Since finances should never get in the way of good art, we’ve compiled a few crowdfunding projects that are vying for your attention this month. Like what you see? Toss them some cash and help shape the future of horror!
The Night the Kids Found Out
Like many of us, Ryerson University student group, Homeroom Productions, love 80s horror. Their short film follows the plight of three outcast teenagers as they attempt to solve the mysterious disappearance of their school’s star athlete. While the atmosphere is of the decade, the diverse cast and crew aim to give voices to those who weren’t heard from 30 years ago.
Accomplished filmmaker Richard Rowden is putting on the director/writer/producer hat for the third time with Patient 329. Inspired by his own medical issues, this short film is a psychological thriller, set in the mountains of Scotland. Charged with delivering a package to a research facility, Kieren and Sieed must traverse a wilderness in which an airborne illness is turning men into beasts. But is the disease a natural phenomenon, or by design?
Dawn of Fear
Fans of the Silent Hill and Resident Evil will want to look into the single player survival horror video game, Dawn of Fear. Plunged into a labyrinthine nightmare world, you must solve puzzles and work with limited resources and ammunition to fight your way out. Pairing an eerie atmospheric soundtrack with a large dose of darkness, and some gruesome imagery, this game aims to keep the hairs on the back of your neck permanently on-end.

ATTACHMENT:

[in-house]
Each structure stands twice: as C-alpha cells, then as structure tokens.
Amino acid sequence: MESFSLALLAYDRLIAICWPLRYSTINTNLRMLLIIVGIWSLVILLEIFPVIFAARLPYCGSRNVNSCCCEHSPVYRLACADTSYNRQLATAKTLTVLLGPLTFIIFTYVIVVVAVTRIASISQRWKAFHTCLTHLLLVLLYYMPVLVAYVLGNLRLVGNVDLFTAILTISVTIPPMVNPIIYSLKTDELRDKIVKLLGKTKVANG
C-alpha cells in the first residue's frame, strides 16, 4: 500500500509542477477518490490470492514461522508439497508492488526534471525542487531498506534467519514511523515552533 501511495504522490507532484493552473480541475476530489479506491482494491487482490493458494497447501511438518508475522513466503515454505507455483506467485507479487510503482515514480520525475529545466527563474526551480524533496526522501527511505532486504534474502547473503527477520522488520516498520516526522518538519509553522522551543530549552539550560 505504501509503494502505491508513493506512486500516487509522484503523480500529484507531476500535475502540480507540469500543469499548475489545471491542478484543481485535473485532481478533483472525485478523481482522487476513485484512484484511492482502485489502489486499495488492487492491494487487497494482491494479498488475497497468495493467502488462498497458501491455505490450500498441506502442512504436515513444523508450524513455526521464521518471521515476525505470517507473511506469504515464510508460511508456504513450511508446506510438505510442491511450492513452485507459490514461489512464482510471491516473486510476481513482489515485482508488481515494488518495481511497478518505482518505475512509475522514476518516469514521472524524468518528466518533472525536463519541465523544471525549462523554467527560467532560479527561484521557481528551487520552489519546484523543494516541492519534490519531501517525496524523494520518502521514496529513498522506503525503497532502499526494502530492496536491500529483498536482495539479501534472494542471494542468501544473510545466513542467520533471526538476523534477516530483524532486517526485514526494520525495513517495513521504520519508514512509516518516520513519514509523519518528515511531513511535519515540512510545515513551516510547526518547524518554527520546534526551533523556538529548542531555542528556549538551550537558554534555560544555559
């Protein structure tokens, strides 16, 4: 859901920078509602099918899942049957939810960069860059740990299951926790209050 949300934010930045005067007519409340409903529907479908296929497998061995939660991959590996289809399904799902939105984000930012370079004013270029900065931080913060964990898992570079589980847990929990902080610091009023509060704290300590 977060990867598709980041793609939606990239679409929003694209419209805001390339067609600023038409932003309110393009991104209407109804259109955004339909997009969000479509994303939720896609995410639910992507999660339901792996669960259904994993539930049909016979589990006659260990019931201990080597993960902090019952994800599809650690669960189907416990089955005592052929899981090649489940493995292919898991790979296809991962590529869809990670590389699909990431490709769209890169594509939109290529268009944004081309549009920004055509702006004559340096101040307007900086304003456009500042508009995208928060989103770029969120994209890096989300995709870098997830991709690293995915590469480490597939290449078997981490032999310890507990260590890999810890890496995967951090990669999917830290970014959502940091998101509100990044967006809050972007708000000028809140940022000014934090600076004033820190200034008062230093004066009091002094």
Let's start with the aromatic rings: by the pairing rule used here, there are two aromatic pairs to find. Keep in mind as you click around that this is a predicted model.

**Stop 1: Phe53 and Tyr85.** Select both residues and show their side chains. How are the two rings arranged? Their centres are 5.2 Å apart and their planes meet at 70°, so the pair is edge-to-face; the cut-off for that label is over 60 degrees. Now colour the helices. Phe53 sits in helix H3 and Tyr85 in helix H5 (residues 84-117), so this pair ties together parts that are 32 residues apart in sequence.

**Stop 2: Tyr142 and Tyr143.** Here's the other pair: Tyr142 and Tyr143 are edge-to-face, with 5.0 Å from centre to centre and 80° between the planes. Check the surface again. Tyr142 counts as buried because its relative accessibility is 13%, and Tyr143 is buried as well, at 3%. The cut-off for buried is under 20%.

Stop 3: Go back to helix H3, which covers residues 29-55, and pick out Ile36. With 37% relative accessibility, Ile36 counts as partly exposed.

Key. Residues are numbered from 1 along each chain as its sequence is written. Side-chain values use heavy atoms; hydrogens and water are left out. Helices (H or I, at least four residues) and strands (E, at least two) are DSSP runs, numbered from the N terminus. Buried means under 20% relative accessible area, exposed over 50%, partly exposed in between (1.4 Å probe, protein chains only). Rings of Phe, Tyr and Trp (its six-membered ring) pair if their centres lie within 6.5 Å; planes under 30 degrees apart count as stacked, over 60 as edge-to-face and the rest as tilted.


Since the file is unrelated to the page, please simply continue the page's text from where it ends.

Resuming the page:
Writer Mallie McCown isn’t just creating a horror-comedy, she’s challenging on-screen gender roles. Her experimental film, about four roommates coming to terms with their cat-demons, takes a script written for male characters, but employs the talents of female actresses instead. Help her support women in film, while exploring whether gender makes a difference when it comes to comedy writing.
Quiet Room Bears
Artist Lee Howard has spent the last 17 years creating one-of-a-kind horror pieces—the Quiet Room Bears. Now, he wants to tell their back-story. His film centers on Simon, whose home renovations are interrupted by the mysterious arrival of a collectible plush bear. Bearer—ahem—terror ensues.